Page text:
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FreightWaves Classics: US Steel owned an “in-house” shipping company

In 1910, James A. Farrell was an executive at U.S. Steel Corporation, which at that time was the second-largest steel company in the United States. Farrell determined that it would be more cost-effective for U.S. Steel to own its own fleet of freighters to transport steel products rather than chartering cargo space from shipping companies. 

Therefore, U.S. Steel founded the Isthmian Steamship Company for the stated reason to mitigate the costs of shipping U.S. Steel’s freight. The company was named “Isthmian” for the Isthmus of Panama, to honor the United States’ recent construction achievement, the Panama Canal.

Farrell headquartered the new company in London for two reasons. He wanted to take advantage of Great Britain’s respected name in the maritime industry, and also to benefit from its long history of maritime experience. British Federal Steam Navigation Co Ltd was hired to manage Isthmian Steamship. The company traced its own roots to 1782 and the British East India Company. The U.S. dealings of Isthmian Steamship were managed by the Norton Lilly Agency.

The Isthmian Steamship Company’s ships

The company’s first ship was the SS Bantu, a British vessel launched in 1902 and purchased by U.S. Steel. By 1914, the company had purchased six additional ships – Kentra, Buenaventura, Santa Rosalia, Charleton Hall, Craston Hall and the cargo liner Crofton Hall. All were sturdy British steamships. 

However, after World War I began in August 1914, Farrell had the ships flagged as U.S. vessels, because until the U.S. entered the war in 1917, it was a neutral nation. 

On January 30, 1930 Isthmian Steamship Company was organized as a separate company, rather than as a subsidiary of U.S. Steel. However, U.S. Steel still owned the company. While nearly 30 ships were then registered as Isthmian ships, U.S. Steel retained the SS Steel Chemist, SS Steel Electrician, SS Steelmotor and SS Steelvendor.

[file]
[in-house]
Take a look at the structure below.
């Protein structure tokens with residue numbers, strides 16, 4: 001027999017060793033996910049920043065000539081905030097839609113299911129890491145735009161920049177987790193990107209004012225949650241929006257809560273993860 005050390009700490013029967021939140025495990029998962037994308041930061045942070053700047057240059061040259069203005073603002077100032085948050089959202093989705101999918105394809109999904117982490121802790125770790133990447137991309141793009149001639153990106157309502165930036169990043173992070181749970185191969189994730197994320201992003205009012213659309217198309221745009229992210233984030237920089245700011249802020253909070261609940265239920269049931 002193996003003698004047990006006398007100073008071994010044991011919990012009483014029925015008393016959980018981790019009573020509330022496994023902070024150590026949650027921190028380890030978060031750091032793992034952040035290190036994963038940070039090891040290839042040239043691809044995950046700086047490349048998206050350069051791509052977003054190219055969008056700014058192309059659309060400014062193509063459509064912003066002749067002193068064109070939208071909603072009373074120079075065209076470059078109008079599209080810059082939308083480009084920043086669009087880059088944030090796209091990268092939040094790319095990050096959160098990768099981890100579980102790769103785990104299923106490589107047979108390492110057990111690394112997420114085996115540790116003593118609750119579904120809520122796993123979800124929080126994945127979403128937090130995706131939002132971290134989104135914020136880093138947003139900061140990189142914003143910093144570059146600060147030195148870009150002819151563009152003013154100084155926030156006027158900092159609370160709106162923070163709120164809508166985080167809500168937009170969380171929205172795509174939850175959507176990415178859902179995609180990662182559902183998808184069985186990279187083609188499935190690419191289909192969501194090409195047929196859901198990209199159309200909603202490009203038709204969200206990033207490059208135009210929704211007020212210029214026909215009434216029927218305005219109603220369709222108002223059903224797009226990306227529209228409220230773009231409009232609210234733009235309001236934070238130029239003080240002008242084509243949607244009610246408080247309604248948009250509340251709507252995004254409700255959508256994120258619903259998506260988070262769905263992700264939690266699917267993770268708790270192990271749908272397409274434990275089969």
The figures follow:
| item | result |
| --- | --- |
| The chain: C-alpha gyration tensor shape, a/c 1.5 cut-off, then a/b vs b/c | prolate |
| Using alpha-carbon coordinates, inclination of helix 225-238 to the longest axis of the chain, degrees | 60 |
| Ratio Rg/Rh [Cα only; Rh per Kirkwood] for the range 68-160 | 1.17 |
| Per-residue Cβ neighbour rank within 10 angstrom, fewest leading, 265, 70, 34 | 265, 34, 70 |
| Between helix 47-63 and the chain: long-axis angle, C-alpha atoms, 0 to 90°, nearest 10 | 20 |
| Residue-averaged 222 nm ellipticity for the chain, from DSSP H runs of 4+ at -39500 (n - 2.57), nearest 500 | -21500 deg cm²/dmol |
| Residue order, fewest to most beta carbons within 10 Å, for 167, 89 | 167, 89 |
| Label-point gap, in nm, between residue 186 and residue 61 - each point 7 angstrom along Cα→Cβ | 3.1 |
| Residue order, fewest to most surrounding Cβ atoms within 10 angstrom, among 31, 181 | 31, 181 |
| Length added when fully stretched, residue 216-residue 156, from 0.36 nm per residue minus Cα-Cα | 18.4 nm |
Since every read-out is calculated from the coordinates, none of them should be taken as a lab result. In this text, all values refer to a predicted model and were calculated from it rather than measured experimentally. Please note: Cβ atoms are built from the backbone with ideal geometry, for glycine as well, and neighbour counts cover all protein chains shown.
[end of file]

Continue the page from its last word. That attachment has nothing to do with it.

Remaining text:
Of the ships acquired by Isthmian Steamship Company, three were sunk during service in World War II.

Selling the company 

From the time it was established as a separate company in 1930 until 1956, Isthmian Lines (the company’s name had been updated) continued to expand its operations and generated enviable revenues and profits. However, on March 6, 1956, U.S. Steel sold Isthmian Steamship Company to States Marine Lines. At that time U.S. Steel stated that it sold Isthmian Steamship Company because the company’s overall usefulness had diminished, and that the line was only carrying a small percentage of U.S. Steel’s exports. According to Ralph Blough, who at that time was chairman of the board of directors of U.S. Steel, “U.S. Steel’s need for these ships was over.” 

States Marine Corporation

States Marine Corporation acquired Isthmian Lines, Inc. and its 24 ships from U.S. Steel for $30 million. Observers thought that U.S. Steel’s management had made a sound business decision. Many of the ships in Isthmian Lines’ fleet were obsolete, and if U.S. Steel had not sold them it would have likely had to replace them in the near future. 

The acquisition was major news in the shipping world “because it was the largest single shipping purchase in memory.” Acquiring Isthmian’s ships made States Marine the largest unsubsidized U.S. flag carrier. 

Henry Mercer, who was president of States Marine in 1956, believed there was an increasing demand for U.S.-flagged ships. He sought to acquire a fast fleet to replace States Marine’s use of “time chartered” ships. As defined by Marine Insight, in a time charter a shipowner leases a vessel to a charterer for a fixed period of time, and the charterer is free to sail the ship to any port and transport any cargo, subject to legal regulations. 

Mercer also noted that States Marine acquired Isthmian’s global network of agents and contacts with resources, as well as Isthmian’s reputation for service, which was second-to-none in the international shipping business.

States Marine Lines continued to operate until the early 1970s. Like many shipping lines of the era, States Marine failed to make the transition from break-bulk cargo to bulk container cargo. Its last list of corporate officers is dated 1974.

James A. Farrell

A major businessman of his era, Farrell served as president of U.S. Steel Corporation from 1911 to 1932. Under Farrell, U.S. Steel expanded “by a factor of five during his presidency.” It became the first billion-dollar company in U.S. history. Farrell was also a champion and early pioneer of export markets; he significantly expanded U.S. steel exports (in large part due to the establishment of Isthmian Steamship Company). 

The success of Isthmian Steamship Company led Farrell to invest in several other shipping ventures. Eventually he and his sons operated three influential companies in the industry – Argonaut Lines, Robin Lines and the American South African Lines (ASAL).

Perhaps those companies will be profiled in a future FreightWaves Classics article.